Theoretically, the first time the possibility of creating a Josephson junction was discussed by Bulaevskii et al. , [20] who considered a Josephson junction with paramagnetic scattering in the barrier. Almost one decade later, the possibility of having a Josephson junction was discussed in the context of heavy fermion p-wave superconductors. [21] Experimentally, the first Josephson junction was a corner junction made of yttrium barium copper oxide (d-wave) and Pb (s-wave) superconductors.[13] The first unambiguous proof of a Josephson junction with a ferromagnetic barrier was given only a decade later.[2] That work used a weak ferromagnet consisting of a copper-nickel alloy (CuxNi1−x, with x around 0.5) and optimized it so that the Curie temperature was close to the superconducting transition temperature of the superconducting niobium leads.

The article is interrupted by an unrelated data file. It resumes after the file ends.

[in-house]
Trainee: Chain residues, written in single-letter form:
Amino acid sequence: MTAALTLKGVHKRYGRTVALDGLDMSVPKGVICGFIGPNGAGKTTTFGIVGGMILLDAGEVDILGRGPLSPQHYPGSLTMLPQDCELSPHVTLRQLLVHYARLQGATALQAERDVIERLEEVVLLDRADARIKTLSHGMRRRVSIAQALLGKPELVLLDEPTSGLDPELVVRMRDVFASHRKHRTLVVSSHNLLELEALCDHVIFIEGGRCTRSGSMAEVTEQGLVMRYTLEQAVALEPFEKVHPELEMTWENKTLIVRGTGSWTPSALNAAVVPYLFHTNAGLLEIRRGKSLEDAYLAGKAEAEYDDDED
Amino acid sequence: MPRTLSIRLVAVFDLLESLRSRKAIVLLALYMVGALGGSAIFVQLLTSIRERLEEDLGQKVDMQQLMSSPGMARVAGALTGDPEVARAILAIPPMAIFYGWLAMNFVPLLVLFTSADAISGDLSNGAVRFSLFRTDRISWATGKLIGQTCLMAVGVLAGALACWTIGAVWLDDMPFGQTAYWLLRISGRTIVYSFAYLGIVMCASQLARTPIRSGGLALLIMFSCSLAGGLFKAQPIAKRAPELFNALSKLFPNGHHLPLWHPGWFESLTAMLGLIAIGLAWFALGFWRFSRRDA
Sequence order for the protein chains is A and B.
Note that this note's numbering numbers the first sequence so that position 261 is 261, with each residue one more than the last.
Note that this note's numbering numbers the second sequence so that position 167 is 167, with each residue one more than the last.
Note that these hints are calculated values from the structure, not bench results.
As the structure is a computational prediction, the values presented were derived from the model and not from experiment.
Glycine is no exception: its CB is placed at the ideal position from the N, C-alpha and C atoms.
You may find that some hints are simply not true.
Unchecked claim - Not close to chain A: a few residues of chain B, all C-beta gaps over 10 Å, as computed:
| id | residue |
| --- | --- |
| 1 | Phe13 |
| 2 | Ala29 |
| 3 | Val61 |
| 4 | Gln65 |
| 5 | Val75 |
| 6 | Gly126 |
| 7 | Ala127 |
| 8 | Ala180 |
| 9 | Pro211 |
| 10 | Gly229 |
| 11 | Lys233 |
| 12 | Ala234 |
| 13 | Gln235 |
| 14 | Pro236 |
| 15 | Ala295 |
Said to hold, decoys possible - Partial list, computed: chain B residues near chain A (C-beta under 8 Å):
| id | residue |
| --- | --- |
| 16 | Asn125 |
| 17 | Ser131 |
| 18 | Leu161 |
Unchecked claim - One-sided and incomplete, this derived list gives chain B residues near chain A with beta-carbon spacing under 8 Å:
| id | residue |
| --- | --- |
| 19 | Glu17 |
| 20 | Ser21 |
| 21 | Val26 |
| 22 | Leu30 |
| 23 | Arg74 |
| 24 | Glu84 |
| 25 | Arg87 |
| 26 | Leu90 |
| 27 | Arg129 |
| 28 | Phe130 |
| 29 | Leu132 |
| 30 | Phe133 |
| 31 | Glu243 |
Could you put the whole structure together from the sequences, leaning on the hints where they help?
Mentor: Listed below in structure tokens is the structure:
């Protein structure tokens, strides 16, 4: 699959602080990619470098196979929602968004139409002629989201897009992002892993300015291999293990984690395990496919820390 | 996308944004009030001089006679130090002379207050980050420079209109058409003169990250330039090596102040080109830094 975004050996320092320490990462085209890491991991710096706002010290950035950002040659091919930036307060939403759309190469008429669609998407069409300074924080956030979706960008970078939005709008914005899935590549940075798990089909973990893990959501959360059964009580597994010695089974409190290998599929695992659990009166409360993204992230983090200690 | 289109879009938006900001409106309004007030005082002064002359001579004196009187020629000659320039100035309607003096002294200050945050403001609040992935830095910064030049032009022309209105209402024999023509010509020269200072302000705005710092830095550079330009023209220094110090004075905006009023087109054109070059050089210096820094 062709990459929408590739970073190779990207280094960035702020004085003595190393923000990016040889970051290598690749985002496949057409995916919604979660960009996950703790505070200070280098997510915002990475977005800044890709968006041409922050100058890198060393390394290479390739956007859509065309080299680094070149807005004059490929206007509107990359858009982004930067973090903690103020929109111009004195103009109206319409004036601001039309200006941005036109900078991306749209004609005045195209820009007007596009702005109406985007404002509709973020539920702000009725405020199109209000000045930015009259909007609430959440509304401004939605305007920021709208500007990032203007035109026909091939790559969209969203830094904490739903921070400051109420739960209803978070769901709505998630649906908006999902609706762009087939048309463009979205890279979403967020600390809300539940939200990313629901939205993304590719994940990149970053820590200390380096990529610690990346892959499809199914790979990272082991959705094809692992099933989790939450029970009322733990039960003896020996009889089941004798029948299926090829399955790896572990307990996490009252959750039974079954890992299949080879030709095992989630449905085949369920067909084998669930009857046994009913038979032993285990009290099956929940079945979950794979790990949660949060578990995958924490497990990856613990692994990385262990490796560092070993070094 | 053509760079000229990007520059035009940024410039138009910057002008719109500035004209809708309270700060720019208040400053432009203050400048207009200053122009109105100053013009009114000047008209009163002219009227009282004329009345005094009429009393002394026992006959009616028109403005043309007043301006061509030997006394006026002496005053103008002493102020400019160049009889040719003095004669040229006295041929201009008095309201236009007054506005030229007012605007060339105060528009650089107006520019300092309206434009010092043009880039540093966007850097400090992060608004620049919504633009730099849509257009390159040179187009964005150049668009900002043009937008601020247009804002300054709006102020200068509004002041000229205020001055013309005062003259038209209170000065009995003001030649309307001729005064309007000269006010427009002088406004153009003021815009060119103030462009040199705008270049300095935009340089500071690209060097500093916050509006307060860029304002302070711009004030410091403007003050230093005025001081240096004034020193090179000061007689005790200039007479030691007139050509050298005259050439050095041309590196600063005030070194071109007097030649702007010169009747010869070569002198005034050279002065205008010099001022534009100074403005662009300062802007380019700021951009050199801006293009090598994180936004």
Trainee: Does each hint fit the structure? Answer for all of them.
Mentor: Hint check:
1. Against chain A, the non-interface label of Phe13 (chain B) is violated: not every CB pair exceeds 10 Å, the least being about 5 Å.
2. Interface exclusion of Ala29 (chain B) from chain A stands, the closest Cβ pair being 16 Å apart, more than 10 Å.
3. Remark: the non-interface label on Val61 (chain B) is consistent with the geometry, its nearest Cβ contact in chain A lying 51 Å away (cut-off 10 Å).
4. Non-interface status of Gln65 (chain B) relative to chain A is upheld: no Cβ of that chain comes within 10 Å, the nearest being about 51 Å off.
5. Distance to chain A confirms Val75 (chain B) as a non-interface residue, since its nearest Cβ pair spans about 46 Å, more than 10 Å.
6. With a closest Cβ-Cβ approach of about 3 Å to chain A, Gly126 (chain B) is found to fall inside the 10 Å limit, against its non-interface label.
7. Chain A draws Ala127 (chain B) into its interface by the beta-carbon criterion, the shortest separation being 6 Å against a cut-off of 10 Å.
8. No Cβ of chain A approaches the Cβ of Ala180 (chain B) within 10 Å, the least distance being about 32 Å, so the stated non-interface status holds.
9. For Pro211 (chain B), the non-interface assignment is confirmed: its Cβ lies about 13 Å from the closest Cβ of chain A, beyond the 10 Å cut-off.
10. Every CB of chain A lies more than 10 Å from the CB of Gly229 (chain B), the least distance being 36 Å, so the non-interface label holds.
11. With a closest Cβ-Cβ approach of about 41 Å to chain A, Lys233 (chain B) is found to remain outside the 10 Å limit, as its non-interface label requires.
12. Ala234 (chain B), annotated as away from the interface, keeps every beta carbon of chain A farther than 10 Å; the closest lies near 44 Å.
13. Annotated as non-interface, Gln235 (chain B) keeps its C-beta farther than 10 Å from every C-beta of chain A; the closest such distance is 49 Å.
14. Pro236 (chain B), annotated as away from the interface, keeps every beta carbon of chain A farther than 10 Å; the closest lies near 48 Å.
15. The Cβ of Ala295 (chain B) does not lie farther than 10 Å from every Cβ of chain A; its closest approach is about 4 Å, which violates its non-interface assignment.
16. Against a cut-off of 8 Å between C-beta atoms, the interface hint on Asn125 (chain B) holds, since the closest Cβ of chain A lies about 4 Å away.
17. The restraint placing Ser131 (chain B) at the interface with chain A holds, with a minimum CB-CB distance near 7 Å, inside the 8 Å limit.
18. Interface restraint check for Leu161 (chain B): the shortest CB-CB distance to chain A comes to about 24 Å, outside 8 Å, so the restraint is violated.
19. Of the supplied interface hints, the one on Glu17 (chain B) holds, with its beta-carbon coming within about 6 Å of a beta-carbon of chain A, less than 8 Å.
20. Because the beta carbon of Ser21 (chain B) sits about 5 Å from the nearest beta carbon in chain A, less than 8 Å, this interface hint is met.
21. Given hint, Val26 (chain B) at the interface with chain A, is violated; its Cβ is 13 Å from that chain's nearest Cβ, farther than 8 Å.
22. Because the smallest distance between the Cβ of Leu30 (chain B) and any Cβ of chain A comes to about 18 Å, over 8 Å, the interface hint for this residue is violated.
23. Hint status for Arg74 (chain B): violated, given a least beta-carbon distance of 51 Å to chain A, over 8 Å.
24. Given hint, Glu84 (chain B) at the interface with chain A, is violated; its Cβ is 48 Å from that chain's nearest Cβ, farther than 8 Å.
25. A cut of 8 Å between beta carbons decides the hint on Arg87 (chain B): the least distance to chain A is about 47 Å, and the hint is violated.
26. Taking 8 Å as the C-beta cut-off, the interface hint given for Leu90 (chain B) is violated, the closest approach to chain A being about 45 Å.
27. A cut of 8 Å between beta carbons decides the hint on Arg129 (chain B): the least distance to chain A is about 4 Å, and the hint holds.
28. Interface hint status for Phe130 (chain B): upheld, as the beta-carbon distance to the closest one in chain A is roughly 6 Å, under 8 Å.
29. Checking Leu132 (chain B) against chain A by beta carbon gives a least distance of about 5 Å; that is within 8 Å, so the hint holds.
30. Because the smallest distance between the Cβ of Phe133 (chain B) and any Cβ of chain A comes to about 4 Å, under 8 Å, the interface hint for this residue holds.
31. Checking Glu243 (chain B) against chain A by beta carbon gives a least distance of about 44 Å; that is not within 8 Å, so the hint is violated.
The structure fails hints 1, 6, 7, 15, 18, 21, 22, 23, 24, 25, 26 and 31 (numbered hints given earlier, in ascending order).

See also[edit]


  1. ^ B. D. Josephson (1962). "Possible new effects in superconducting tunnelling". Physics Letters. 1 (7): 251–253. Bibcode:1962PhL.....1..251J. doi:10.1016/0031-9163(62)91369-0.
  2. ^ a b V. V. Ryazanov; V. A. Oboznov; A. Yu. Rusanov; A. V. Veretennikov; A. A. Golubov; J. Aarts (2001). "Coupling of two superconductors through a ferromagnet: evidence of a -junction". Physical Review Letters. 86 (11): 2427–30. arXiv:cond-mat/0008364. Bibcode:2001PhRvL..86.2427R. doi:10.1103/PhysRevLett.86.2427. PMID 11289946.
  3. ^ a b A. A. Bannykh; J. Pfeiffer; V. S. Stolyarov; I. E. Batov; V. V. Ryazanov; M. Weides (2009). "Josephson tunnel junctions with a strong ferromagnetic interlayer". Physical Review B. 79 (5): 054501. arXiv:0808.3332. Bibcode:2009PhRvB..79e4501B. doi:10.1103/PhysRevB.79.054501.